Let’s get something straight. Female characters do not need to be “likable.” It’s a double standard to demand that of them. In fact, if you scroll through Goodreads or Amazon reviews of your favorite books, I can nearly guarantee you that you will not see a male character described as unlikable.

Someone's Listening

Someone's Listening

I don’t want the perfect protagonist who holds it together no matter what trauma befalls her, and seems to repel all hardship like she’s wearing Wonder Woman bracelets and deflecting bullets, and does it all with a smokin’ bod, of course. That’s a yawn for me. I want an oddball, an outcast, someone who can be an asshole or act selfishly—I want a raw, flawed character because it’s real and it’s interesting, and much more relatable. So here are a few books with delightfully unlikable female characters that you’ll love to hate.

The Woman Next Door by Cass Green

Two suburban women. Two dark secrets. The almost perfect murder. When Melissa takes help from her strange, elderly neighbor, Hester, she doesn’t realize she’s the neighbor from hell. But she’s stuck with her because Hester has made herself very involved in Melissa’s life. Some may say she’s obsessed, so when Hester has the opportunity to help, Melissa takes it, but she’ll have an unthinkable price to pay.

Without spoiling the plot, what I think makes this unique is that two fairly “unlikable” characters serving their own interests with reckless abandon. They act selfishly and thoughtlessly, and that’s exactly why it works. We’re fascinated by the string of choices they make as unsound as many of those choices are. Despite the fact that they are at odds with one another, they need each other, and I found that even if I didn’t like them, I still wanted them to come out on top which makes it refreshingly different.

One by One by Ruth Ware

Ruth Ware never disappoints. In her new release, a group of co-workers are snowed in at a rustic mountain chalet in France. Trapping characters in one location and then picking them off one by one, always makes for a page turner, but what makes this one stand out is its duel first person narrators. Flipping back and forth between Liz and Erin, we get two very different perspectives of the dire circumstances.

It’s almost impossible to talk about this one without giving away the plot and yummy twists, so I’ll leave it at this: Many call Ware the Agatha Christie of our time, and yes, this book is very reminiscent of the her 1939 novel, And The There Were None, but…what Ruth Ware does with “unlikable” characters and how she makes you connect, and dare I say, care, about them is why it’s delicious and undeniably still a great read.

Then She Was Gone

This is certainly an uncomfortable thriller full of twists you never see coming. When fifteen year old Ellie Mack goes missing, the family is still desperate for answers a decade later and the reader is equally desperate to know what happened to her. Lisa Jewell is so incredibly skilled at weaving a mystery and bonding the reader to her characters that you’ll be thinking about this book long after you finish it.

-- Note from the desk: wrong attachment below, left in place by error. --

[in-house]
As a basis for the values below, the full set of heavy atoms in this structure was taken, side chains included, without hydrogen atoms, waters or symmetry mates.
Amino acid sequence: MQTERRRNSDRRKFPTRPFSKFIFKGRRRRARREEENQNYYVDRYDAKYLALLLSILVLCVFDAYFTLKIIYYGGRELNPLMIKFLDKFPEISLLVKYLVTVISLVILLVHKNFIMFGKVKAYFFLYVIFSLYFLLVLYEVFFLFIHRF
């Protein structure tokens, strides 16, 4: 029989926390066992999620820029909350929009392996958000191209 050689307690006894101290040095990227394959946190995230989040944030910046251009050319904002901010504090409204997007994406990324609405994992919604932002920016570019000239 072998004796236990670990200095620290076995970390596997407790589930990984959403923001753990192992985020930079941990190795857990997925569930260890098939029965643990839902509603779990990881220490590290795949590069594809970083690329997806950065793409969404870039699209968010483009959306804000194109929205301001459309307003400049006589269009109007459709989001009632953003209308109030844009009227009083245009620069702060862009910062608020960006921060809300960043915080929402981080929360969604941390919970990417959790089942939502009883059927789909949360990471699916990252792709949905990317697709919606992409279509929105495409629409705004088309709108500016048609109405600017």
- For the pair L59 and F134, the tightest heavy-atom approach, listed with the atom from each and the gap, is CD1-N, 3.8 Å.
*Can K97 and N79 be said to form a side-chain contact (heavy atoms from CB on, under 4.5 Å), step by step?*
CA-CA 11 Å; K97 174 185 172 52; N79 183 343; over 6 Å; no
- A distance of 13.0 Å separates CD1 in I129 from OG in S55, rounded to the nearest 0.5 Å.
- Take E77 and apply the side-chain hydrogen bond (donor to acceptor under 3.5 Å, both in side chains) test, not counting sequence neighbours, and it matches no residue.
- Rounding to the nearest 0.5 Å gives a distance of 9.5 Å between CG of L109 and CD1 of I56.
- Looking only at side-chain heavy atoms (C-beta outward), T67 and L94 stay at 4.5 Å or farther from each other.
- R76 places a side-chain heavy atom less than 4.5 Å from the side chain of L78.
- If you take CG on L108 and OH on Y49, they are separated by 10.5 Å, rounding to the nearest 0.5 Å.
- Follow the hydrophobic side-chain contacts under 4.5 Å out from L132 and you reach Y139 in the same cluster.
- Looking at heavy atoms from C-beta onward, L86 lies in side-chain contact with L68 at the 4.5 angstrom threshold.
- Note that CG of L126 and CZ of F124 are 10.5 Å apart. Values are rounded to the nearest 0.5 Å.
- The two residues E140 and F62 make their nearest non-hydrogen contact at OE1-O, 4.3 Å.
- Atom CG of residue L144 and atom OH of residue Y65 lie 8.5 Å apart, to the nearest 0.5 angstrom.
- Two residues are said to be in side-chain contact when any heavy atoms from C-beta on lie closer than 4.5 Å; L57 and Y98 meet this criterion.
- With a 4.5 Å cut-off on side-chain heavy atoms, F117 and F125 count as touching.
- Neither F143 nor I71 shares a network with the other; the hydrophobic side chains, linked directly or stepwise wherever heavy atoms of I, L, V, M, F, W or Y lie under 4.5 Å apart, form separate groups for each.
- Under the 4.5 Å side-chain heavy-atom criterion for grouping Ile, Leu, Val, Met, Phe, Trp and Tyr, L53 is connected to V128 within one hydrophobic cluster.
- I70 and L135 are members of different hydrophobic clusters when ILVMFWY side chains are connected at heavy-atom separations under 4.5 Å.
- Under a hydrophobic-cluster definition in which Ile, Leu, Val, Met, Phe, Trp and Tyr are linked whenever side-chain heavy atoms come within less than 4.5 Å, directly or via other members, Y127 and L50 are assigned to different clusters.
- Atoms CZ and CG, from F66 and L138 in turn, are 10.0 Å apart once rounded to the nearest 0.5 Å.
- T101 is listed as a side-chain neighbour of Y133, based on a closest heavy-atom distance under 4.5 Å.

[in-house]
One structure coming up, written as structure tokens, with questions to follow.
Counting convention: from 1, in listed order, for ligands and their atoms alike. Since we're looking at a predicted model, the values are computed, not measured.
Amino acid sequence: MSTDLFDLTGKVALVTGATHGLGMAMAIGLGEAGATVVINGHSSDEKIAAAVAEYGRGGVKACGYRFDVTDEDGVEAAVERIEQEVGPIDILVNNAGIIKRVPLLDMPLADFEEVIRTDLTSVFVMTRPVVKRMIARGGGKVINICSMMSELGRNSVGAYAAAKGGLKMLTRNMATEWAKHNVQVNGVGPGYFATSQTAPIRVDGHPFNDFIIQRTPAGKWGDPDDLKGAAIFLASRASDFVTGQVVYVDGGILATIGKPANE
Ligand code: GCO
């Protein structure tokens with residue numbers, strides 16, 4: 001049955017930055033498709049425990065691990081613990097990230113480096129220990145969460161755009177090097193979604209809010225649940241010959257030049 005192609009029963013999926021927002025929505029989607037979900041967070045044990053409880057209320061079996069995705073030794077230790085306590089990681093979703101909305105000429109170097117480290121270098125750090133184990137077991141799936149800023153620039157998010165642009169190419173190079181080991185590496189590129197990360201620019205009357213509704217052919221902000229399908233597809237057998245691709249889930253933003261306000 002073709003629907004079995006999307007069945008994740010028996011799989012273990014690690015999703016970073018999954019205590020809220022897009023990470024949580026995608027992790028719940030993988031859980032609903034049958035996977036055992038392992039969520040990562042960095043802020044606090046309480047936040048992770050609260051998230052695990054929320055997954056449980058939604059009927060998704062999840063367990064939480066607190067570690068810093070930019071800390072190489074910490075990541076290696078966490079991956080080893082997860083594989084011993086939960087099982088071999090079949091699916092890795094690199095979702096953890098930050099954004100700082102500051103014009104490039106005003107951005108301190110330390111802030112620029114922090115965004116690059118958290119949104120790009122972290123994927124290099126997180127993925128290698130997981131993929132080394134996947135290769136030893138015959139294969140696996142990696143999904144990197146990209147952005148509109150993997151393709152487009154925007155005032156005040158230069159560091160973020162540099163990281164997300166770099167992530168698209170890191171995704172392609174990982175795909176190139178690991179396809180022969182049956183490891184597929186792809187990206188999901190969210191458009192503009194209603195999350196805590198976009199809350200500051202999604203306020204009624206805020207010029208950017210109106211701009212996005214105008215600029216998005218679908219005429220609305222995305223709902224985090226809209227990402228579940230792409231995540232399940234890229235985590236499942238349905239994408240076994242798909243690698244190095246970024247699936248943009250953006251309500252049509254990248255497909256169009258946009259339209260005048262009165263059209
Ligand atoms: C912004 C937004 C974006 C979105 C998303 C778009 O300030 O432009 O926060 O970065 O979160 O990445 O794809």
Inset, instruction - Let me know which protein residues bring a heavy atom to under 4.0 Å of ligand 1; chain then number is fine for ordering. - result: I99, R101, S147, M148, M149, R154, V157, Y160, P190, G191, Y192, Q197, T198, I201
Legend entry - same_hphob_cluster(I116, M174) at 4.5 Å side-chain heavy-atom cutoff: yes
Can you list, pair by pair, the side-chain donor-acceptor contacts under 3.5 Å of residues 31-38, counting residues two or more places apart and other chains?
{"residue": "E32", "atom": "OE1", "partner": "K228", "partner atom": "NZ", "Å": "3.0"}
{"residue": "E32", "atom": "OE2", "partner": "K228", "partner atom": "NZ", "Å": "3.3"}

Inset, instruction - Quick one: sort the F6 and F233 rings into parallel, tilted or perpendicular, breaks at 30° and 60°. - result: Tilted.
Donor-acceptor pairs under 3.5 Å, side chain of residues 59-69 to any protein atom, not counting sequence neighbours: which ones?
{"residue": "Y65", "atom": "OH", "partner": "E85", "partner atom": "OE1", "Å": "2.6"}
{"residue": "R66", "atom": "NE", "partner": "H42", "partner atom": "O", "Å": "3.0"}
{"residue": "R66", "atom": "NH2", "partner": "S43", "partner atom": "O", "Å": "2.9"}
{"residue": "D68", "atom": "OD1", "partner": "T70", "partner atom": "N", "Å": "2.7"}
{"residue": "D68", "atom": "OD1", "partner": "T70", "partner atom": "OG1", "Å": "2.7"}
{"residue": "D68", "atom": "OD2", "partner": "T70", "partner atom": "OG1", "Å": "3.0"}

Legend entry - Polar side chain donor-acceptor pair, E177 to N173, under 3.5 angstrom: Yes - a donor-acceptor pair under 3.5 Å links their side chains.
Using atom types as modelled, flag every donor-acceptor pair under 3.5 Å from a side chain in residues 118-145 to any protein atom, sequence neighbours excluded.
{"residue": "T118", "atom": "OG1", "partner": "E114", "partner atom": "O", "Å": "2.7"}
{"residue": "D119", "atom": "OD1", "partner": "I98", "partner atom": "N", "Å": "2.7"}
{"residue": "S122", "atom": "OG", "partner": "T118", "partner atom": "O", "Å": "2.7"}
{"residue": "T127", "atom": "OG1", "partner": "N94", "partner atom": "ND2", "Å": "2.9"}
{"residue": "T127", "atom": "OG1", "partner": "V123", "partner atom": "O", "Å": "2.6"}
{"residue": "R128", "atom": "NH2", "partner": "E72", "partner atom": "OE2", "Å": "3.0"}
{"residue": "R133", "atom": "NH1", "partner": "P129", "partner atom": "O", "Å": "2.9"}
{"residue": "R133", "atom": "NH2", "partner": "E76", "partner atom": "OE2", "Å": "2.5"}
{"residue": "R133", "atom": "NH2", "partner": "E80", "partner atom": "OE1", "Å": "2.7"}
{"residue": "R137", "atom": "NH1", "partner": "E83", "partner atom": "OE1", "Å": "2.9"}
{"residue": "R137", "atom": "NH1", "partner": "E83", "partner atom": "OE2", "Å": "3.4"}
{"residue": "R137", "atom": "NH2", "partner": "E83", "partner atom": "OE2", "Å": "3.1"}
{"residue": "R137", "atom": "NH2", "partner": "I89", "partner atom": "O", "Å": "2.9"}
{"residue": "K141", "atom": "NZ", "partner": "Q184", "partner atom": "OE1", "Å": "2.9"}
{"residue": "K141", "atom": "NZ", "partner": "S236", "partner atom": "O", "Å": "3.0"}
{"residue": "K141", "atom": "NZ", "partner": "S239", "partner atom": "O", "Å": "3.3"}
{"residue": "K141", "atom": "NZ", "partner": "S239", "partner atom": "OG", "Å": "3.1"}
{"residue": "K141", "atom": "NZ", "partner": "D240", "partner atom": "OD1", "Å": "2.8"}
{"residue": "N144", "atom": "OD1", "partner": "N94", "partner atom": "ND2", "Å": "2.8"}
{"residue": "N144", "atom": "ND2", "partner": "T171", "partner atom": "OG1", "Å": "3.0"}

This one is also multiple perspective point-of-view, and when you discover who is the “unlikable” and even down right loathsome character in this story is, it’s shocking. It’s easy to make a character like this one (which I won’t spoil here) one dimensional, but Jewell gets us in the characters head, makes us empathize even, at times, and creates such a complex character that you can’t help but share their pain as you simultaneously find their actions reprehensible. Then you find you’re disgusted that you empathized when you uncover more about this person. It plays with your emotions, and this complexity is what’s so genius about Lisa Jewell’s writing in general. She’s a gift to the thriller genre.

The Last Mrs. Parish by Liv Constantine

It’s no wonder this story of relentless stalking and home-wrecking was an instant success. Amber Patterson unapologetically befriends Daphne, the wife of the man she wants for herself. She’s a master manipulator who gets closer and closer to this family under the guise that she’s Daphne’s BFF. The lengths she’ll go to earn the family’s trust while secretly setting traps to get Daphne out of the picture are shocking and anxiety-inducing.

The reason I think this book is such an accomplishment, is because yes, you can have a flawed or somewhat unlikable character and people can still relate and connect, but here you have a protagonist who’s the bad guy and so unabashedly remorseless that you don’t understand why you’re rooting for her, but you ARE. The author has made us want Amber to succeed in destroying a family and stealing a man, but simultaneously, of course, we don’t want her to. Poor Daphne. How could we be rooting for Amber? And that’s why it's a gem.

The Perfect Girlfriend by Karen Hamilton

Now this is a ballsy protagonist. Juliette takes stalking to a next level in Hamilton’s debut novel. In the vein of The Last Mrs. Parish, she’s a character you love to hate--a sociopath you root for. It’s no easy feat making a character who is this flawed, compelling, but Hamilton accomplishes this and you find yourself wanting to know what totally over-the-top thing Juliette will do next to get the man she’s obsessed with.

In most thrillers, the protagonist is the voice of reason, reacting to things happening to them. In this story, the protagonist is the one causing all the problems, and she’s so unhinged and unpredictable, it’s like watching a train wreck…in the best possible way.